1. A lot of speculation for sure. However, HDD expansion on the last 3 PlayStation systems has been a breeze, I wouldn’t expect them to break suit now. They have made it clear that virtually any M.2 NVME SSD will work, however they will have a certification list to identify ones that Sony has personally tested and certified

  4. [QUOTE=”Burticus, post: 18655, member: 297″]
    Ugh, so the 850gb SSD on PS5 is going to hold 7 or 8 games? That blows.

    I wonder what the expansion options will be. I think I read somewhere it would have a NVME expansion slot… but are we just going to be sticking a m.2 stick in that and it pokes out the back? Something Sony branded? Or we’re stuck using slow *** USB HDDs? I’m looking around the net, not a lot of details…
    [/QUOTE]
    That was pretty much the case with the PS4 as well with its stock 500G HD, even the Pro only came stock with 1T. External drives had to be USB 3 to work.

    Supposedly expansion is non-proprietary nVME (although they need to be certified, whatever that may mean), and USB 3 will be supported to work for storage but not playing games

  5. [QUOTE=”Brian_B, post: 18721, member: 96″]
    That was pretty much the case with the PS4 as well with its stock 500G HD, even the Pro only came stock with 1T. External drives had to be USB 3 to work.

    Supposedly expansion is non-proprietary nVME (although they need to be certified, whatever that may mean), and USB 3 will be supported to work for storage but not playing games
    [/QUOTE]

    I read somewhere that PS4 games on a USB HDD were ok, but PS5 games had to be on the SSD.

    And yeah I feel ya, I upgraded my launch PS4 to a 2TB HDD less than 6 months after I got it. And it will still be there when I sell it, I’m not taking that thing out (and I also sold the 500gb hdd when I did the upgrade).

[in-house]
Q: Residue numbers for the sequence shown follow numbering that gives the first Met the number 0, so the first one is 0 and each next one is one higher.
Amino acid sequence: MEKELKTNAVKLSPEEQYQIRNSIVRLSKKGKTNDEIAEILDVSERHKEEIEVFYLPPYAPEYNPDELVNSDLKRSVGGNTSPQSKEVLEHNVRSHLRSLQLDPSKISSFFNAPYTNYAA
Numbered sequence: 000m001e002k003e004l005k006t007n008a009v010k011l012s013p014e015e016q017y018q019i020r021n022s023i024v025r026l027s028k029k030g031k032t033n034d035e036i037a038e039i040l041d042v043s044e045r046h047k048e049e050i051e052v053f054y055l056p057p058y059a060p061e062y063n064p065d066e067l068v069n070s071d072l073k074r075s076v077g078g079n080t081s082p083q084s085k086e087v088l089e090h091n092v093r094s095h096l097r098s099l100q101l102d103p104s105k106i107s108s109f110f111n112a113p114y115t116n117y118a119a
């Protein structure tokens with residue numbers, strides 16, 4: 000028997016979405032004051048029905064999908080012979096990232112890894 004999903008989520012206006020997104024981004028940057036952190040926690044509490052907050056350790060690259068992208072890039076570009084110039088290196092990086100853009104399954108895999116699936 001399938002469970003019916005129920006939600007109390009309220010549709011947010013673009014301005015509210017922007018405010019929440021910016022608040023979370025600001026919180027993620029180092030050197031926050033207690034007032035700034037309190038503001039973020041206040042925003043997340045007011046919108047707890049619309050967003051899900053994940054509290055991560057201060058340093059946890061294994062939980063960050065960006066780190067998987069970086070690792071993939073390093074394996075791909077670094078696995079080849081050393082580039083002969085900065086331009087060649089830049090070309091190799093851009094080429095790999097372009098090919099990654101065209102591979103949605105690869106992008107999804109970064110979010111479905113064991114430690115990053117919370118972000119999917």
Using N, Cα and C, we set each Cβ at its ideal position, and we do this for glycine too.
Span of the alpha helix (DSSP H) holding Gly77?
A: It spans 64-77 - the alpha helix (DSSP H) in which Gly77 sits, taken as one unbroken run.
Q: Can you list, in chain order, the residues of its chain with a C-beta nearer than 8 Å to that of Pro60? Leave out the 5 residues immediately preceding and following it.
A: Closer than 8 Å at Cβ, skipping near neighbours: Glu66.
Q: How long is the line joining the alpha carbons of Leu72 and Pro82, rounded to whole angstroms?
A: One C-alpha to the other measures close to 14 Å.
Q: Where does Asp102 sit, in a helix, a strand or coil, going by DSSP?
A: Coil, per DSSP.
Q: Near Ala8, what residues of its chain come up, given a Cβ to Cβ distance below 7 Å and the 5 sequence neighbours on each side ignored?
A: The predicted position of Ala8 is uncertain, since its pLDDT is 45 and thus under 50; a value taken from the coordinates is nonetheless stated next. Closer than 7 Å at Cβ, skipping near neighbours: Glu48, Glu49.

Then again, games were not 50-100gb like they are now.

    1. Even on the PS4 the games have to be installed to the hard drive. Fully. Even if you have it the disc version of the game, the only thing the disk is used for it’s for token exchange to verify you actually still on the game. But the entire game is installed off of the desk when you first set it up. From then on you have to insert the disk to verify you still on it, but the game is being loaded directly from the hard drive

  6. [QUOTE=”Burticus, post: 18731, member: 297″]
    Then again, games were not 50-100gb like they are now.
    [/QUOTE]
    Well, PS4 is still current Gen as of today and yeah, some games are still hitting that 50G+ install size. Most are around 10G, but there are some whoppers

  7. This is great news! Cerny said “it can allow developers” meaning they can choose to make smaller games that look similar to current graphics or they can choose to use the new tech to keep or even increase file sizes to have an insane number of texture variety and resolution.

    And that’s what we got. DS3 on PS4 was 17gb and Sekiro on Xb1x was like 12gb. Even on PC it was 25gb only. And they looked the way they did. Demon’s Souls is 66gb and it shows, as it looks as gorgeous as it does its nearly quadruple the size of Sekiro/Dark Souls III.

    Good decision by the developer to shoot for insane graphics fidelity and not care about storage size. This is what new gen should be about. If you want more games on a single storage solution cough up the ponies to buy a 2TB nvme stick that will fit into the rear port we haven’t gotten info on yet or via a usb-c external enclosure. Etc etc.

  8. This is very sneaky. Attracting in customers with low buy in costs but screwing them when they can’t hold more than 5-6 games. If you want a next gen console make sure to get the physical model. It might be more at first but in the long run you’ll save money.